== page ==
Newton-Wellesley Hospital will offer a new heartburn and reflux program to help treat patients.
Gastroesophageal reflux disease, or GERD — commonly referred to as heartburn or acid reflux — affects about 20% of the U.S. population. If left untreated, it can lead to numerous health issues, including esophagitis, Barrett’s esophagus and problems swallowing and breathing.
Fifty-five-year-old Joanne Butler, of Natick, had been suffering from severe acid reflux and heartburn for 20 years but after years of trying numerous medications to relieve her discomfort, she decided it was time to put an end to this serious and disruptive condition. Butler sought the help of Newton-Wellesley Hospital’s heartburn and reflux program.
Under the leadership of Dr. Richard L. Curtis, chief of gastroenterology, Dr. Benjamin Levitzky and Dr. Charudutt Paranjape, chief of general surgery and acute care surgery, the new program will bring together gastroenterologists, surgeons, dietitians, radiologists, physician assistants and nurse navigators — a team of specialists — who collaborate to create a customized treatment plan for each patient to help manage and eliminate heartburn, reflux and other symptoms of GERD.
Butler was diagnosed with paraesophageal hernia, a condition that causes a portion of the stomach to protrude into the chest cavity.
“I got to the point where I couldn’t bend forward without experiencing extreme burning and pressure,” Butler said. “Turns out 75% of my stomach was pushed up into my chest, which, as you can imagine, made it hard to breathe.”
After dietary adjustments and medication control didn’t relieve her severe symptoms, it was determined that minimally invasive surgery was the best option for Butler.
“When we traveled, my husband and son had to give me all of their pillows so that I could prop myself up. I had to constantly sleep in an upright position, but not anymore. I can finally lie down flat without discomfort,” Butler said. “The surgery with Dr. Paranjape has completely changed my life.”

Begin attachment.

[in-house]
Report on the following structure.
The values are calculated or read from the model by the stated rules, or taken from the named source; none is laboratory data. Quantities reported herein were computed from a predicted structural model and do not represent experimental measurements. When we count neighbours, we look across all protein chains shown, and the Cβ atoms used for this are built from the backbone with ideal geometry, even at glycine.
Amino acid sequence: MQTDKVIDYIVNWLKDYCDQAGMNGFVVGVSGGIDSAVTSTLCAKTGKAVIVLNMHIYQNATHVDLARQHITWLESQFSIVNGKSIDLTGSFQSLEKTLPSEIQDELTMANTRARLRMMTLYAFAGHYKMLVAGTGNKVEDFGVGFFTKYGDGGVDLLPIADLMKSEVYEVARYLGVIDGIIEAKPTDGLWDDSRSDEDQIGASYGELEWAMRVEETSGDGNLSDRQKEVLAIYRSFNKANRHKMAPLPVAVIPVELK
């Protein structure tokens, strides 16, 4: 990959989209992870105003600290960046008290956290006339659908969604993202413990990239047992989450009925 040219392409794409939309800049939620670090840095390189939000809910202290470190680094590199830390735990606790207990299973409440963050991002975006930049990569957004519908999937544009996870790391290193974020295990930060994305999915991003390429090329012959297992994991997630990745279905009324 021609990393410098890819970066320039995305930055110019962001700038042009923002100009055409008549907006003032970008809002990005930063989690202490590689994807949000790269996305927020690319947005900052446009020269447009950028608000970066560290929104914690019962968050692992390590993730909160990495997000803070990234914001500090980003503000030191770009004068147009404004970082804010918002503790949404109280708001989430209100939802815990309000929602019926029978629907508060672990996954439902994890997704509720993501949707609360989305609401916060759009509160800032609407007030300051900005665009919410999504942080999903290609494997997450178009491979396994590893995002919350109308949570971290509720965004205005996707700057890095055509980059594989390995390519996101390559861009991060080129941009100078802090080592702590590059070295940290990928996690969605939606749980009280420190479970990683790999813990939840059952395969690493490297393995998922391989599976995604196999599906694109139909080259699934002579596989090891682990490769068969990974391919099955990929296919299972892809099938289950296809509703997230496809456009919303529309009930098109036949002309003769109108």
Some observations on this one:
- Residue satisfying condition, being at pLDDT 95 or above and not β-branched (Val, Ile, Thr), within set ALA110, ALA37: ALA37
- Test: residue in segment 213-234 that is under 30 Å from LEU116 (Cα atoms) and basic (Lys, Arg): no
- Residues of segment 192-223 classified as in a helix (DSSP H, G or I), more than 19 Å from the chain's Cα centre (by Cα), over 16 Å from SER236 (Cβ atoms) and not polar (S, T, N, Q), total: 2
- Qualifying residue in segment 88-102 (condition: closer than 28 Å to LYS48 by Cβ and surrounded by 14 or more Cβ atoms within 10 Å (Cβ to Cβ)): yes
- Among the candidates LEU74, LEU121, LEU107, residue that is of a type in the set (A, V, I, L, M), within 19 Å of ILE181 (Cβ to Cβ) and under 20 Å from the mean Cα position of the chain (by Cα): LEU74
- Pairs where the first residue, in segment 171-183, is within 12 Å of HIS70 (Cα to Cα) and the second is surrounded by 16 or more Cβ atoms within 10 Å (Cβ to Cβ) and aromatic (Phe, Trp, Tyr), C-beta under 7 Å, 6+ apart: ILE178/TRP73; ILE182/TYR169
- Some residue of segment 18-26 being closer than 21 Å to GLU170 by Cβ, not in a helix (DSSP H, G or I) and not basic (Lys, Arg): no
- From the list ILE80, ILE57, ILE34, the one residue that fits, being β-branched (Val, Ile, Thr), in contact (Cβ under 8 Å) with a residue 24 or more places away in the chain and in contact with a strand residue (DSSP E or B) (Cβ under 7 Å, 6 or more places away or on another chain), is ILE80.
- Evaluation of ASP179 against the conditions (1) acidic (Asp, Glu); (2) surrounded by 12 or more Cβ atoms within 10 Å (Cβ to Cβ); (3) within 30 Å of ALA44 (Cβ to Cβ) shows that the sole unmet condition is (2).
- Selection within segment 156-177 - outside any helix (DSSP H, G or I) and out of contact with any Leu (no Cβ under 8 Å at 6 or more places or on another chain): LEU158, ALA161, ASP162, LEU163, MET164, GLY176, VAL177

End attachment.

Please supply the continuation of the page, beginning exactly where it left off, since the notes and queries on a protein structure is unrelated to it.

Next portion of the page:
“GERD is an anatomical problem that sometimes needs an anatomical solution,” said Paranjape. “Reflux medication like PPIs (proton pump inhibitors like Prilosec and Nexium) can help relieve patient’s symptoms but don’t solve the underlying problem or prevent further disease progression.”
Furthermore, in recent studies, prolonged use of antacids has been shown to be linked to inadequate absorption of minerals, chronic kidney disease and dementia. Even on PPIs many patients are still unable to eat the foods they want or are forced to sleep sitting up to reduce nighttime reflux. For some patients, surgery is the only option for relief.
A state-of-the-art option that Newton-Wellesley will offer for the first time is TIF, transoral incisionless fundoplication, an incisionless procedure to repair a faulty esophageal valve responsible for many patients’ GERD symptoms. Paranjape is a leading expert in TIF and NWH is among the first hospitals in Massachusetts to provide this innovative procedure to patients. Paranjape and Levitzky recently, and successfully, performed the first TIF procedure for reflux at Newton-Wellesley.
In those instances when surgery is needed, the team — led by Paranjape — will offer the most advanced surgical solutions including laparoscopic and robotic surgery.
For Butler, it’s now about getting back to doing the things she loved.
“I feel incredible…I lost 25 pounds, stopped all medications, doing lots of walking and can actually sleep lying flat,” said Butler. “It’s amazing how much the return of the little things can have such a big impact.”
For information, call 617-964-4373 or visit http://nwh.org/heartburn.